ATAFUTI: Alternative Treatments of Adult Female Urinary Tract Infection: a double blind, placebo controlled, factorial randomised trial of Uva ursi and open pragmatic trial of ibuprofen
Antibiotic resistance is rising and linked to prescribing in primary care. Urinary tract infections (UTIs) are one of the most common female conditions treated by general practitioners (GPs), and the majority of patients are prescribed antibiotics. Antibiotics do speed symptom resolution but only by about 1 day. A delayed prescription strategy has been successful in respiratory infections and has been shown to be feasible in UTI but 77% of those asked to delay still used antibiotics. Those who present are in discomfort and it is unlikely delayed prescribing will become widespread unless effective symptom relief can be provided.
Aims: To evaluate whether Uva ursi, a herbal extract, or advice to take ibuprofen provides relief from urinary symptoms and reduces antibiotic use in adult women with a suspected UTI.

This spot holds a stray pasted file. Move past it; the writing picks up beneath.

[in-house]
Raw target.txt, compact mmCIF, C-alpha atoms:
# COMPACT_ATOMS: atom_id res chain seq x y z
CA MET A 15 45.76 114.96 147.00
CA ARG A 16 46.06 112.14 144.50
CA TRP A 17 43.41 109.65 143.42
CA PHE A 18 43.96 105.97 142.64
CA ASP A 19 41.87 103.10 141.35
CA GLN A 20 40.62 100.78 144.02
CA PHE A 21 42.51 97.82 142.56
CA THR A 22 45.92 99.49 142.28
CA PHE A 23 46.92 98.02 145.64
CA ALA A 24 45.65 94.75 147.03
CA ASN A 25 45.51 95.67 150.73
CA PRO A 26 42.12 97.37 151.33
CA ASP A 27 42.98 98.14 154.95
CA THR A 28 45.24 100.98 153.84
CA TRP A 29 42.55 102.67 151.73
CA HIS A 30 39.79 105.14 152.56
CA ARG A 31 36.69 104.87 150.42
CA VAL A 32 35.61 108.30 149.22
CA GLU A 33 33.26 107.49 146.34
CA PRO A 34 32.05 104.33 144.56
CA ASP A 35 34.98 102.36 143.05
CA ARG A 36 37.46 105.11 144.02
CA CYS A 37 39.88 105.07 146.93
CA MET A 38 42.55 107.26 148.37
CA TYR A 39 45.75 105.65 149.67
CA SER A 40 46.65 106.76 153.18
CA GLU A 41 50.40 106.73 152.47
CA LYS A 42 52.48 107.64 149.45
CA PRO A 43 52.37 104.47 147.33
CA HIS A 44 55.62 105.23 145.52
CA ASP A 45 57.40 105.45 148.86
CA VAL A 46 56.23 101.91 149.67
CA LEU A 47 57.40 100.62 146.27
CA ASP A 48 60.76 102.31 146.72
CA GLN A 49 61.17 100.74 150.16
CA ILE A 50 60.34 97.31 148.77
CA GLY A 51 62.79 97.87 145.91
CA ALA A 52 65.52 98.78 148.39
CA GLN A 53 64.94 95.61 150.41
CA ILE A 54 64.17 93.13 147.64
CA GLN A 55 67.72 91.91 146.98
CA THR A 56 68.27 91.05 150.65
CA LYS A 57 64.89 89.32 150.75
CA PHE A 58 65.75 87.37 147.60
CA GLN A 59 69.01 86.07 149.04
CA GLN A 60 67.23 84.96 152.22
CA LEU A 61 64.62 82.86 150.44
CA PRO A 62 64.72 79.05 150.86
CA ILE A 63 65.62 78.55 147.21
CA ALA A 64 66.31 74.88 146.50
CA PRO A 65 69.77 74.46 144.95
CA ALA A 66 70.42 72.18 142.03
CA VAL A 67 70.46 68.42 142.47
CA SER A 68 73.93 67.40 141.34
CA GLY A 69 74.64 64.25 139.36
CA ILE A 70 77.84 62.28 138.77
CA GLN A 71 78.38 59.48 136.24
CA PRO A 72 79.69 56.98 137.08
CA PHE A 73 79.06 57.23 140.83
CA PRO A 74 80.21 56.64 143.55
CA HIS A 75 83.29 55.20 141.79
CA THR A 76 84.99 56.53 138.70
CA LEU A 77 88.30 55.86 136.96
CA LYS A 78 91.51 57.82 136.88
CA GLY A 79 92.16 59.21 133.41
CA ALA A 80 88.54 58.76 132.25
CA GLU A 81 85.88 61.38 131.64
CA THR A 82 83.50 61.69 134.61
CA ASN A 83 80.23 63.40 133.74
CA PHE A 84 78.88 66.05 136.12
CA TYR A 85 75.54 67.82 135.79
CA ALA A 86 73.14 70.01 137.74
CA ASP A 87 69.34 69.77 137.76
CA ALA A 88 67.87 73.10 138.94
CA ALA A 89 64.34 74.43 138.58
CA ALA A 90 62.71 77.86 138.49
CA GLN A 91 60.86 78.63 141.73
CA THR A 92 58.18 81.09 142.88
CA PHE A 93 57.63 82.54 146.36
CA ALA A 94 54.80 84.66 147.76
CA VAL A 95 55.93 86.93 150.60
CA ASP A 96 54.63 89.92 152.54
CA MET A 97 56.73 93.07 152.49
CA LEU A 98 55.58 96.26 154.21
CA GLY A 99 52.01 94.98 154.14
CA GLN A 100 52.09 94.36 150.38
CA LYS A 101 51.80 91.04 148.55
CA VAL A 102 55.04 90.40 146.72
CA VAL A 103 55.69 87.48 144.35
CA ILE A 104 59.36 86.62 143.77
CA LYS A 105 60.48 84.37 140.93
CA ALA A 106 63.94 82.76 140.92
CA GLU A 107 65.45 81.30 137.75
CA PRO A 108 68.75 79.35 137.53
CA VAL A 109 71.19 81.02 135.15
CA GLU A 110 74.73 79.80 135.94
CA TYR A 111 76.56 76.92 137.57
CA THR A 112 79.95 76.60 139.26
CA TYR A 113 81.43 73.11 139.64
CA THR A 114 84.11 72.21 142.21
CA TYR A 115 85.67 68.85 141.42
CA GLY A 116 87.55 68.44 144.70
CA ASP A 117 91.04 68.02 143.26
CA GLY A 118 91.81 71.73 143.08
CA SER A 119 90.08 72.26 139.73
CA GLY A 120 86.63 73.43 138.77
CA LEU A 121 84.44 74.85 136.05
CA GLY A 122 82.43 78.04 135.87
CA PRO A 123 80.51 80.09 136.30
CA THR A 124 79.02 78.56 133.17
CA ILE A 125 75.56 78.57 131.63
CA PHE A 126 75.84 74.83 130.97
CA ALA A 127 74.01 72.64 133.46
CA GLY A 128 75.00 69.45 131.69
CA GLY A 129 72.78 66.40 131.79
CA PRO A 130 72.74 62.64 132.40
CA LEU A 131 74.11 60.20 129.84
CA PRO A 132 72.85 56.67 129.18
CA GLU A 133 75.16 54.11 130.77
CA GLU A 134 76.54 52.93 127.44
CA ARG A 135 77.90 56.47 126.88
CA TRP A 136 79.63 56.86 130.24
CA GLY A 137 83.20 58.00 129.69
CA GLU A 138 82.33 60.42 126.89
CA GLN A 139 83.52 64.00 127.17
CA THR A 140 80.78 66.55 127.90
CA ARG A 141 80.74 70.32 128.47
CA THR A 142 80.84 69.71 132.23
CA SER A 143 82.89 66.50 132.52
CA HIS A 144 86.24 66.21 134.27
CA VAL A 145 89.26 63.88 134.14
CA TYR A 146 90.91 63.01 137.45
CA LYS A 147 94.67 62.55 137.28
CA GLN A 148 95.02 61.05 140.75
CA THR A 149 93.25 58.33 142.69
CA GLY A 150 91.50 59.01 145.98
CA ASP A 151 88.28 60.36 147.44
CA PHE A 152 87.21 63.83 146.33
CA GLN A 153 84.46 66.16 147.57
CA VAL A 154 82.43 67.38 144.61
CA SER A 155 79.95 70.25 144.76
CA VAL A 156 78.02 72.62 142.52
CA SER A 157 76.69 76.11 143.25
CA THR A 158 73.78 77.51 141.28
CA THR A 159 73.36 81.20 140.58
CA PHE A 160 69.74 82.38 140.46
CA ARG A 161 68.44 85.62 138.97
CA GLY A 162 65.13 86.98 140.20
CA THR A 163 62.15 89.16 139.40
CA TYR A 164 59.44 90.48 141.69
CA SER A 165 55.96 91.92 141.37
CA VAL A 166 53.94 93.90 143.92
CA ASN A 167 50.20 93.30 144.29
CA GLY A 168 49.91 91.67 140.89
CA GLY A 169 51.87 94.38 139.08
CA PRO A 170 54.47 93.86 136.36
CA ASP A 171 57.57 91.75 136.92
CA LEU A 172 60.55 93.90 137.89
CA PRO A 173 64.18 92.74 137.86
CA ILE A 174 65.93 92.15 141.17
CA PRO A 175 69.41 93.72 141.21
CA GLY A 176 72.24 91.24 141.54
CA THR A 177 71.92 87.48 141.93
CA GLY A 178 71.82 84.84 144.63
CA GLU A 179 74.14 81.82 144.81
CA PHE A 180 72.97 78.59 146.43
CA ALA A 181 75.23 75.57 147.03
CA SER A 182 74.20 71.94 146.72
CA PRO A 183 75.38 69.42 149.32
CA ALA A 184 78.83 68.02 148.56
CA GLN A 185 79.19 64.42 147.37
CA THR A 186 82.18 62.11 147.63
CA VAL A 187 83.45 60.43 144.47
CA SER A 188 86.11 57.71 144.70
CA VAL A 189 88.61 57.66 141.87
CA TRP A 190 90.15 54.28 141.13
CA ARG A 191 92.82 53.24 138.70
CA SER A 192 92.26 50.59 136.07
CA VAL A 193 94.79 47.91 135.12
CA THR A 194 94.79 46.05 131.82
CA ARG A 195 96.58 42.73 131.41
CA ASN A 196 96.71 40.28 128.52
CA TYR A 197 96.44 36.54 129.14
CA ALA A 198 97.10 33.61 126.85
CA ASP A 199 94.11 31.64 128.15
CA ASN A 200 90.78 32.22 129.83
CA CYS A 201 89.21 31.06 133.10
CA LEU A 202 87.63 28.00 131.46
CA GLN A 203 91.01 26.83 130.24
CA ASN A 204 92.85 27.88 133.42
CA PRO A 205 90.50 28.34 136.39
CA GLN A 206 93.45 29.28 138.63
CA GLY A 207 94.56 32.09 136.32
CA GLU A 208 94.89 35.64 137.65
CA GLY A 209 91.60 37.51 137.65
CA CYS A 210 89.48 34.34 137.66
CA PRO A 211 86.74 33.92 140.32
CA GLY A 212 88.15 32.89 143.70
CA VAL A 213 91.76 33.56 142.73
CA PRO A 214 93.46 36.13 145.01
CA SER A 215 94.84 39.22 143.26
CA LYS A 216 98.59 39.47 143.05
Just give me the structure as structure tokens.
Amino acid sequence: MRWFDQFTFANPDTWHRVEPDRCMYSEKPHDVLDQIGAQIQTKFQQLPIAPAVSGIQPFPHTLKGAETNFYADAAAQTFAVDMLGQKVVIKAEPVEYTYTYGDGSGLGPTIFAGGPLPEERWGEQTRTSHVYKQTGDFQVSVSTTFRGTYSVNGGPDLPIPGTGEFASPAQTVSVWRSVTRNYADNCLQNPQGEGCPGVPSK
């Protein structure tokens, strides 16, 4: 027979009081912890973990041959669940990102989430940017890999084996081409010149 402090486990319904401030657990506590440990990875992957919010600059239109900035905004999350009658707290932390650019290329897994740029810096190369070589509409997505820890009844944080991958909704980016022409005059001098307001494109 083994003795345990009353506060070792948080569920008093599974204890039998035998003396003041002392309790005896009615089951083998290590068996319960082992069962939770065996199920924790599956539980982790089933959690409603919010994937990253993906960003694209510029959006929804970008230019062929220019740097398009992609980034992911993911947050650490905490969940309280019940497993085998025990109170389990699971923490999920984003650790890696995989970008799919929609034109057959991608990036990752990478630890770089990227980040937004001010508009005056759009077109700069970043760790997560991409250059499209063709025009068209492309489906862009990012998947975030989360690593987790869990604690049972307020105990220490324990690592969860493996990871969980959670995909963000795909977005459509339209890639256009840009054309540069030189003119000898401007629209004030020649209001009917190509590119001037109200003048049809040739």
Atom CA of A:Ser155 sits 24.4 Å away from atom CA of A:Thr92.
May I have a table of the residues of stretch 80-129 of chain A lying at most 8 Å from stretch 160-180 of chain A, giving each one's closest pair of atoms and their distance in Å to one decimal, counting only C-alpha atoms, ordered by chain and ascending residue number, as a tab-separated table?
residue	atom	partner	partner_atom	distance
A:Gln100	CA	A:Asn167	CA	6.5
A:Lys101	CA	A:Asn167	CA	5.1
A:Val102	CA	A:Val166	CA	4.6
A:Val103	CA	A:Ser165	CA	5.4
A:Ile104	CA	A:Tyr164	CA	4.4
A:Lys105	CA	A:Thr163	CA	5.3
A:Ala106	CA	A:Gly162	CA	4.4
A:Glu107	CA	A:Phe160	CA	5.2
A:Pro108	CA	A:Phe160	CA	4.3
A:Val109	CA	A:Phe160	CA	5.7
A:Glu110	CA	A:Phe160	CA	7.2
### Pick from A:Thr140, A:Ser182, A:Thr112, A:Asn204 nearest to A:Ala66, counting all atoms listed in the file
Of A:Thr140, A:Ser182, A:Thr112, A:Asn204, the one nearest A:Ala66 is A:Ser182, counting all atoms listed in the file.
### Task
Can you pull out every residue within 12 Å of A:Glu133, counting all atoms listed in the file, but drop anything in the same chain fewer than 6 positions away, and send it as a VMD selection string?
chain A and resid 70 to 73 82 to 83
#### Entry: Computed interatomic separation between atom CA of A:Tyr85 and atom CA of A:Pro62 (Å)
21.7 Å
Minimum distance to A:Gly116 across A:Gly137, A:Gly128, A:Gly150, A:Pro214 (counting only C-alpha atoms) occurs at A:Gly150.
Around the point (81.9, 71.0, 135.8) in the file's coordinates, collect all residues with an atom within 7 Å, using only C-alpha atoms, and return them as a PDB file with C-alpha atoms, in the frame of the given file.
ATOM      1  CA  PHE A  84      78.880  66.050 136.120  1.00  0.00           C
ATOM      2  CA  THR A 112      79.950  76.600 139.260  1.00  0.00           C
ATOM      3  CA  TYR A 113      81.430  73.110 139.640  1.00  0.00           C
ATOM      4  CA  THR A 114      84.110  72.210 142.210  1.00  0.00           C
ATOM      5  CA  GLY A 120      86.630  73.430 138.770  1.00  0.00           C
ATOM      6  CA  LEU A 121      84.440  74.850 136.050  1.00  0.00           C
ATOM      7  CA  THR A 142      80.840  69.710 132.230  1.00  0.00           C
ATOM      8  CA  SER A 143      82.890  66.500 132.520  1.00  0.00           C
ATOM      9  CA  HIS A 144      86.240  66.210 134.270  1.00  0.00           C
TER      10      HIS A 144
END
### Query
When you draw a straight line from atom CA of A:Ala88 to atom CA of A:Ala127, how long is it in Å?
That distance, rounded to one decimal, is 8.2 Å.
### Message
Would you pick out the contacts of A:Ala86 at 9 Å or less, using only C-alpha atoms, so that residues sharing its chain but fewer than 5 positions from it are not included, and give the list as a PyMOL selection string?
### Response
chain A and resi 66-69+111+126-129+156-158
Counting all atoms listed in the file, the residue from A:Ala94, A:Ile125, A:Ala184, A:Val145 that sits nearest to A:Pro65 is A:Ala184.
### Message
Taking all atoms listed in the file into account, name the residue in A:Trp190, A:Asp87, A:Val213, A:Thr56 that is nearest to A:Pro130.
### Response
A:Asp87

ATAFUTI was a double blind, placebo controlled, factorial randomised trial of Uva ursi and open pragmatic trial of ibuprofen advice. Adult women presenting with a suspected lower urinary infection who were prepared to accept a delayed prescription for antibiotics were recruited in primary care. Participants were randomised to one of four groups - Uva ursi + Advice to take ibuprofen; Uva ursi placebo + Advice to take ibuprofen: Uva ursi + No advice to take ibuprofen; Uva ursi placebo + No advice to take ibuprofen. All participants were issued with a prescription for delayed antibiotics. Participants were asked to take the study medication 3 times a day for three days or up to five days and to delay using their antibiotic prescription unless symptoms worsened.
Primary outcome: Symptom severity on days 2-4 from a self-completed symptom diary
Secondary outcome: Antibiotic use
A notes review was undertaken to look for re-consultations with a UTI in the 3 months following randomisation.
Recruitment took place between August 2015 and October 2016 from 57 practices in England; 382 women were recruited and follow up will complete in February 2017.
Primary analysis results will be presented at the conference.
If the results are positive, this would have the potential to change practice and to promote the delayed strategy in primary care and further reduce antibiotic prescribing.